I’ve been back to the hardware store again. I always enter with trepidation in case the shopkeeper asks me a technical question.
Sometimes, I overhear customers at the counter conversing about impossibly practical matters, often involving numbers (“You get a number seven screw and drive four of these into your five by two”).
Just to make friends, I once interjected and said: “I usually use a three for that.” And they both turned round and said: “There is no three.”
It’s 23 miles to the hardware store and usually, as on this occasion, I take the opportunity to use the village gym. In the steam room there, one woman told me about her partner building their house and, when I excused myself and went to the sauna, a bloke there said he’d built his own house tae. Smarties.
In both cases, I wanted to say “Shut up!,” but just politely listened. I was going to say, “Well, I built an Airfix kit once”, but it was a lie as I never finished it. That was when I was a bairn. I hated Meccano and Lego tae.
Usually, the only technical item I am in the hardware store for is paint. I could paint for Scotland, me. Never seems done. And it’s all ootside at the moment: fences, railings, sheep, the shed.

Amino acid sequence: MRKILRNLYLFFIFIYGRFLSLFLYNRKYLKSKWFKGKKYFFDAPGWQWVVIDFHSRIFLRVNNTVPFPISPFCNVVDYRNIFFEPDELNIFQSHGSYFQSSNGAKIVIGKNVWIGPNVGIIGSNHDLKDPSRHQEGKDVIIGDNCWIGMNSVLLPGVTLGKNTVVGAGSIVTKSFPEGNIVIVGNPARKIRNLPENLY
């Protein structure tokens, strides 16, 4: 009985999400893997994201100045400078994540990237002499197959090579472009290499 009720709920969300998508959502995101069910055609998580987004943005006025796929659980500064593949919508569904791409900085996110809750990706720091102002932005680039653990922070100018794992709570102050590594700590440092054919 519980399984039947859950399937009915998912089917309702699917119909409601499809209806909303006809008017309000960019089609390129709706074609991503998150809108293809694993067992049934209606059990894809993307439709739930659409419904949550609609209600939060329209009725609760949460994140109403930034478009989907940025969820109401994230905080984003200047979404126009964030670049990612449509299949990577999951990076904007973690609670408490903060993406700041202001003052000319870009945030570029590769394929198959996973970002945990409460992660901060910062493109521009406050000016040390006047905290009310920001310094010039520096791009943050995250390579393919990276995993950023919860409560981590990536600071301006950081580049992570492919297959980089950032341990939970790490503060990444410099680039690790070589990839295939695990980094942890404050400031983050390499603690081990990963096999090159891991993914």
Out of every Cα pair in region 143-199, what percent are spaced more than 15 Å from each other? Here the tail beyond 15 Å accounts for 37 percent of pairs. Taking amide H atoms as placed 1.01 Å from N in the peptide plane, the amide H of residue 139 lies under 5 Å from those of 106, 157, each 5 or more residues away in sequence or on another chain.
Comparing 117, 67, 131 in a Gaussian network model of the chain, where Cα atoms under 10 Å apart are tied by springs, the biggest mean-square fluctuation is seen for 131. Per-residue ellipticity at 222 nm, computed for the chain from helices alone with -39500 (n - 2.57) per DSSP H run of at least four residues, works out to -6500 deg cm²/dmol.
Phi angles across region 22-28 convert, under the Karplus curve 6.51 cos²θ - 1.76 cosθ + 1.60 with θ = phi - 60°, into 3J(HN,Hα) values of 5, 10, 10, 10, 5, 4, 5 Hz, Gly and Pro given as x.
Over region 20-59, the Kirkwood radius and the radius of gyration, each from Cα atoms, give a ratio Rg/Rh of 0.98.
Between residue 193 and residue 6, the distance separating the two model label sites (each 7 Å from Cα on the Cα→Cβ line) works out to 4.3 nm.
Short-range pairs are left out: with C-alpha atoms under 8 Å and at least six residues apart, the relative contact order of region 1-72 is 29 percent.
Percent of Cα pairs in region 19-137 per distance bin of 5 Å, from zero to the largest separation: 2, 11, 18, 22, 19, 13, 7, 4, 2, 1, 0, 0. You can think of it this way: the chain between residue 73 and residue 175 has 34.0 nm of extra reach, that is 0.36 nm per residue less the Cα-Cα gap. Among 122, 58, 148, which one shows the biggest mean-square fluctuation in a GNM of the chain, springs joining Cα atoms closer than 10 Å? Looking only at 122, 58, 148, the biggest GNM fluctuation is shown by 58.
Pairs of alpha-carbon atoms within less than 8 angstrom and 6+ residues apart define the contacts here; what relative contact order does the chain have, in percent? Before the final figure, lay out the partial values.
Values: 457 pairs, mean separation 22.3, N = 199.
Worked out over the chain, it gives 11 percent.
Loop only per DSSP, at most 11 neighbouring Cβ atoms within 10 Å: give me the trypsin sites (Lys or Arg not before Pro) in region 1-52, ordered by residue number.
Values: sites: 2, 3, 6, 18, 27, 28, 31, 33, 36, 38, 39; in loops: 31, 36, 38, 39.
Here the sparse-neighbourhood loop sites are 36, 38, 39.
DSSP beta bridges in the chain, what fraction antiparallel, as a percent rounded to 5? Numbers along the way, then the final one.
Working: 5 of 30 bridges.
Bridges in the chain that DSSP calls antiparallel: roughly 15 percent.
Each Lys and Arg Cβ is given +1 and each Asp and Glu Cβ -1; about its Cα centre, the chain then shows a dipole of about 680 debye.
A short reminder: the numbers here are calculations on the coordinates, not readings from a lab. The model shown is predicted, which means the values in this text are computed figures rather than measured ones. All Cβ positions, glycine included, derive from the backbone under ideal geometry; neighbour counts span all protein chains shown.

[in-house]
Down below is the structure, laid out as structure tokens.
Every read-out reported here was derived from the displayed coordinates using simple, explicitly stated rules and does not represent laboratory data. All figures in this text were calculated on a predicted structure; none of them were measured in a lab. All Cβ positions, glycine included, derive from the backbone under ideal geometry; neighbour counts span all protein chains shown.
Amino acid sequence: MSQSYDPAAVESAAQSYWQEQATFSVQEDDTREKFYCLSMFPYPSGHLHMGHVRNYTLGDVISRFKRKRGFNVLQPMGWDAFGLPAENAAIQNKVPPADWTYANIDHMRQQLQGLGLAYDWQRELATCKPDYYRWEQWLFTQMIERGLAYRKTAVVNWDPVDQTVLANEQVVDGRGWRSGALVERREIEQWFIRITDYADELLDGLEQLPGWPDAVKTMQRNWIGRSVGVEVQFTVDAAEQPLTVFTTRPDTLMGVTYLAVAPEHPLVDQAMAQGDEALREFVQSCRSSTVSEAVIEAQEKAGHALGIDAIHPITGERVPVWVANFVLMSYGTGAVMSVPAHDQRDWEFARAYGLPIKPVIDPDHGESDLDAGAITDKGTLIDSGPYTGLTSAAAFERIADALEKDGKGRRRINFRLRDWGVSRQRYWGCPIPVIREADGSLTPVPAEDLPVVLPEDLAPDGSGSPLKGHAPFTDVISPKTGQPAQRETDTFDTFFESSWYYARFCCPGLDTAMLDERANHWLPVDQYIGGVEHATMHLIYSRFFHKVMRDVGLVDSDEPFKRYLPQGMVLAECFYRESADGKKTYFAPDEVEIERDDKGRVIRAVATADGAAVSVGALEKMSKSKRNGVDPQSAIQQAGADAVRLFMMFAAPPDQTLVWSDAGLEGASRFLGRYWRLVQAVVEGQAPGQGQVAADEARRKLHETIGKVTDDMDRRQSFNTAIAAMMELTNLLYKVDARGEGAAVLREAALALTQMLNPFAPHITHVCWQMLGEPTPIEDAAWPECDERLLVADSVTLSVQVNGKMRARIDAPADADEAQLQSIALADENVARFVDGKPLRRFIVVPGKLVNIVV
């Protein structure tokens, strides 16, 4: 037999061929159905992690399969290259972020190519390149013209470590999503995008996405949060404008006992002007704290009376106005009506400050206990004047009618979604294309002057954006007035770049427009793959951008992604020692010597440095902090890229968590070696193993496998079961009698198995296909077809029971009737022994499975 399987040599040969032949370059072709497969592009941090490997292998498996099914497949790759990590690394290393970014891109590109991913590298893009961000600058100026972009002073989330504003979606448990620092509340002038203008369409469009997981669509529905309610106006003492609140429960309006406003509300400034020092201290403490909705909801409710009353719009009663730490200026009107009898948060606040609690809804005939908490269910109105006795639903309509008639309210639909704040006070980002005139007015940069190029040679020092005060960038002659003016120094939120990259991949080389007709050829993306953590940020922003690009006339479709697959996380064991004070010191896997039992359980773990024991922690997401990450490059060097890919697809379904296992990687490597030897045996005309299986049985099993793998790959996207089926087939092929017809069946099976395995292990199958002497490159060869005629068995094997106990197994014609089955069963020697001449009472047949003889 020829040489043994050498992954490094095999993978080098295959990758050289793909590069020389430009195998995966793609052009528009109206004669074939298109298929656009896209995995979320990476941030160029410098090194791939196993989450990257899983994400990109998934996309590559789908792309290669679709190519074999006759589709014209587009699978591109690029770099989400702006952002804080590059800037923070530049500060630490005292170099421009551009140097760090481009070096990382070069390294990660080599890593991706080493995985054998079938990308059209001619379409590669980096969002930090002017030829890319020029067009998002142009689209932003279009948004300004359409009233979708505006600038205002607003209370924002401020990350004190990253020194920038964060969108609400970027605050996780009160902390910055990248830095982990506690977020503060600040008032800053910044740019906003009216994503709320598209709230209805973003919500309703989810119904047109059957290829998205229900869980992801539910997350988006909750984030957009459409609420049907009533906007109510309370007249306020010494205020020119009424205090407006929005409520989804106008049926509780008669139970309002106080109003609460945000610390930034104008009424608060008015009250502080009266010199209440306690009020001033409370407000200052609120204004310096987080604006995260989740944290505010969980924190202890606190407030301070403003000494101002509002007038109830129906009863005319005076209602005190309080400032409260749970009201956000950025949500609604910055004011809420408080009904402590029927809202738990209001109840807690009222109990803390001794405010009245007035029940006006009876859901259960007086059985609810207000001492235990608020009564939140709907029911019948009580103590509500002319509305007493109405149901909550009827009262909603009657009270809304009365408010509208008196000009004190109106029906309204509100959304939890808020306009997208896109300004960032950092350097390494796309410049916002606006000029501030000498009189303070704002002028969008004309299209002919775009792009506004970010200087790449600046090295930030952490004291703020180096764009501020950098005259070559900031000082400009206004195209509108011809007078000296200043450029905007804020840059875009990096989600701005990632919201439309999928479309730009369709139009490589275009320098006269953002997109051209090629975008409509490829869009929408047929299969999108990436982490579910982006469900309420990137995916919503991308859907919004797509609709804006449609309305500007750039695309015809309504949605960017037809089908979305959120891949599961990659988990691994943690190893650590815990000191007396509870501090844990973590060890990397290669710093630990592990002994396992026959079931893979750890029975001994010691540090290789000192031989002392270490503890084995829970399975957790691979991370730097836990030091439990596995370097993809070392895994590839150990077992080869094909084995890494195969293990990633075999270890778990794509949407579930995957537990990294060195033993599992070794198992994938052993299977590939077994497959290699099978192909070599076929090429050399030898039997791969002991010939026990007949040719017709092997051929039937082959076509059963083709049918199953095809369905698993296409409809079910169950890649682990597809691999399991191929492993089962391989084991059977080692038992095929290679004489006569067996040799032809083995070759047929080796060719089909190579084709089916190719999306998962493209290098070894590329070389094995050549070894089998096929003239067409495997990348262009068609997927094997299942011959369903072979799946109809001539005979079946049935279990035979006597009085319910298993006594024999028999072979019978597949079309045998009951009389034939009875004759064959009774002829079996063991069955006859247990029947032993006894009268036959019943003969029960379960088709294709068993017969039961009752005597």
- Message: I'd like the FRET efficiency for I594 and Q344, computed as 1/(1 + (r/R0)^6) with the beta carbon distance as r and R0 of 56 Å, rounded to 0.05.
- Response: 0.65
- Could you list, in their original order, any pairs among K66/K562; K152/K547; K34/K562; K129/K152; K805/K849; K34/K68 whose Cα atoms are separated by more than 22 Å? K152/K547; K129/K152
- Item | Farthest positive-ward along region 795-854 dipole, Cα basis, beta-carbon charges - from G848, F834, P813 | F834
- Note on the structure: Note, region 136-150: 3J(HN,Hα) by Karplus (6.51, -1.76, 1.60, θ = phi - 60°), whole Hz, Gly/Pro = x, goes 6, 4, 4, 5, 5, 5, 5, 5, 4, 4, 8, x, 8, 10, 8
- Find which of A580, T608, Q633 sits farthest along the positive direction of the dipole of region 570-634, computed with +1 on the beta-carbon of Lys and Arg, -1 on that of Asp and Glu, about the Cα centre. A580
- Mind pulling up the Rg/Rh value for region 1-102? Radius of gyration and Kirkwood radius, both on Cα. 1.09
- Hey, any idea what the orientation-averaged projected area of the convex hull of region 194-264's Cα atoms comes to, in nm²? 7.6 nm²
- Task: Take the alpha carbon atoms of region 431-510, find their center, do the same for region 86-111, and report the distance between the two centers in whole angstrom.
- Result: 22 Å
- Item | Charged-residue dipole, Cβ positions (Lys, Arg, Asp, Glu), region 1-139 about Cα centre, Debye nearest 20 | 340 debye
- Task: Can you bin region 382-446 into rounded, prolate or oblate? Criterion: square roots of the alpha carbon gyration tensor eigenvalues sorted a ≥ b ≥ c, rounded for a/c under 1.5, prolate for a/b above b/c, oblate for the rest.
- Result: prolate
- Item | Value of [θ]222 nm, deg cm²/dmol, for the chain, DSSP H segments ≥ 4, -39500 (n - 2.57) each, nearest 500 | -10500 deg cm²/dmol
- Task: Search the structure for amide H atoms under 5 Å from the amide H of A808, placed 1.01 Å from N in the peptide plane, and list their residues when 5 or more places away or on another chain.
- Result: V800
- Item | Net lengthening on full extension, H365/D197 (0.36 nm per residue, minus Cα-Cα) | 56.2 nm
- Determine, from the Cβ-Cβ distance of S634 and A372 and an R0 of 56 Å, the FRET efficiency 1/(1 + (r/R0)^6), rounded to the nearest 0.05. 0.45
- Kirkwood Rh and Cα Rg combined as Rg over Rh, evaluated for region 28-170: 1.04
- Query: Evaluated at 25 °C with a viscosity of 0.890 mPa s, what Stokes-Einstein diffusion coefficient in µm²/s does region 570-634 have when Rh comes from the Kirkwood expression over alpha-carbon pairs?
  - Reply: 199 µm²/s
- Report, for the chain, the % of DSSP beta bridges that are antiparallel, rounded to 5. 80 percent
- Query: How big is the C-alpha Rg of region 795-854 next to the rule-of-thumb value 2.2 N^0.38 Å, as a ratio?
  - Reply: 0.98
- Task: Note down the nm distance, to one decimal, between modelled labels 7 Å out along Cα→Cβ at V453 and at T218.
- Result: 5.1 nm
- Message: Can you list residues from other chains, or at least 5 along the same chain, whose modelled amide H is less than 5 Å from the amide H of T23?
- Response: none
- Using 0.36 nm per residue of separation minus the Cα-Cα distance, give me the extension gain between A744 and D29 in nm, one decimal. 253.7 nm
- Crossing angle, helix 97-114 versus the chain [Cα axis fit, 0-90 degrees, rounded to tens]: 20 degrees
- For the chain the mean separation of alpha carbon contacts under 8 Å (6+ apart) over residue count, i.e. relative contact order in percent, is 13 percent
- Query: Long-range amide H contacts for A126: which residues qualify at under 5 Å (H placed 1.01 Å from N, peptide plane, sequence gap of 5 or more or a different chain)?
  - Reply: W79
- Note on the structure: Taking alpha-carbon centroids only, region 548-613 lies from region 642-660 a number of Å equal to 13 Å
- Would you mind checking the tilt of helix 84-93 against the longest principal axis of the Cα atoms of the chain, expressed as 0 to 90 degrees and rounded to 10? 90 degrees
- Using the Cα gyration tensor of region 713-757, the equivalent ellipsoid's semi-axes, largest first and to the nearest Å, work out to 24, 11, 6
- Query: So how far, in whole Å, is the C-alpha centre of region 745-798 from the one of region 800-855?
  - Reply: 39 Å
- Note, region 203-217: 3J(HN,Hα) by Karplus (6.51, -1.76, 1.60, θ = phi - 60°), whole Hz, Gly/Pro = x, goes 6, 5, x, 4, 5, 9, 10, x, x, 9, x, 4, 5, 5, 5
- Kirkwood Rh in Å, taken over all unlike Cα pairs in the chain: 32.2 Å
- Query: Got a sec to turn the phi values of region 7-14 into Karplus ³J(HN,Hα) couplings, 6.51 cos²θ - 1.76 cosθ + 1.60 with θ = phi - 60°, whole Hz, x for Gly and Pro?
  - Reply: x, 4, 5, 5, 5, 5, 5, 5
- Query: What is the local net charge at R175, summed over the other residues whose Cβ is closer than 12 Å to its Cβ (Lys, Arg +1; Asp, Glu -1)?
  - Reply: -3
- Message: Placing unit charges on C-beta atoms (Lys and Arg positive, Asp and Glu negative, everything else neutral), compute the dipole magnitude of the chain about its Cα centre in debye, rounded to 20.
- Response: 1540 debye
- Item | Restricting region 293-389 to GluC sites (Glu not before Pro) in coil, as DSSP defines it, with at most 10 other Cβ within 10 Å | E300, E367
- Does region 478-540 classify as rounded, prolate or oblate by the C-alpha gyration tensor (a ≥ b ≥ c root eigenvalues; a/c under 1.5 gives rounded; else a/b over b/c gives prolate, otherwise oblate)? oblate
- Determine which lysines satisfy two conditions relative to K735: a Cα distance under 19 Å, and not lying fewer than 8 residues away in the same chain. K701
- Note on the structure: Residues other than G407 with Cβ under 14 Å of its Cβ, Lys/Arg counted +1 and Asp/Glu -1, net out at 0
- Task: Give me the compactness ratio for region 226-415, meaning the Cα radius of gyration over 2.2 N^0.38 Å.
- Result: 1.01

However, while I usually only need paint, to look a bit more DIY I’ll probably also add bags of nails and screws, a scraper, sandpaper, and a hammer because it has a nice yellow colour that might match my curtains.
Oh, and wood preservative. I’m always preserving wood, particularly the stuff on my shed which is damp and crumbling, but I won’t give up on it. Even so, I still feel a fraud in the hardware store, particularly when I get home with all this useless stuff and find I’ve forgotten the paint, like returning from the supermarket and learning that you’ve bought all the sundries, the milks, breads and toiletries, but forgotten the evening meal, so that you have to have an egg on a stale oatcake for your tea.
I’m always talking to people in shops, whether they like it or not, but fearing to be exposed as a phoney in the DIY store, I generally restrict myself to asking the shopkeeper to join me in prayer that I am in funds as I hand over my card.
I’m sure that as soon as I close the door behind me, he says to his assistant: “He must have painted the entire village by now. And what can he be doing with all these screws? Perhaps he is building his own house. Or an aircraft hangar. Or a hospital.”
Of course, I buy such things because they might come in handy, which they never do because, after years of seeing them out of the corner of my eye every day, I can never find them when I need them. Life’s like that, isn’t?
Life: I’d like to take a yellow hammer and a bunch of three by fours to that. On second thoughts, best not. If it’s anything like my more domestic DIY, I’ll probably just break the planet, or decide in the end to paint the whole place. That’s as soon as I’ve finished painting the village.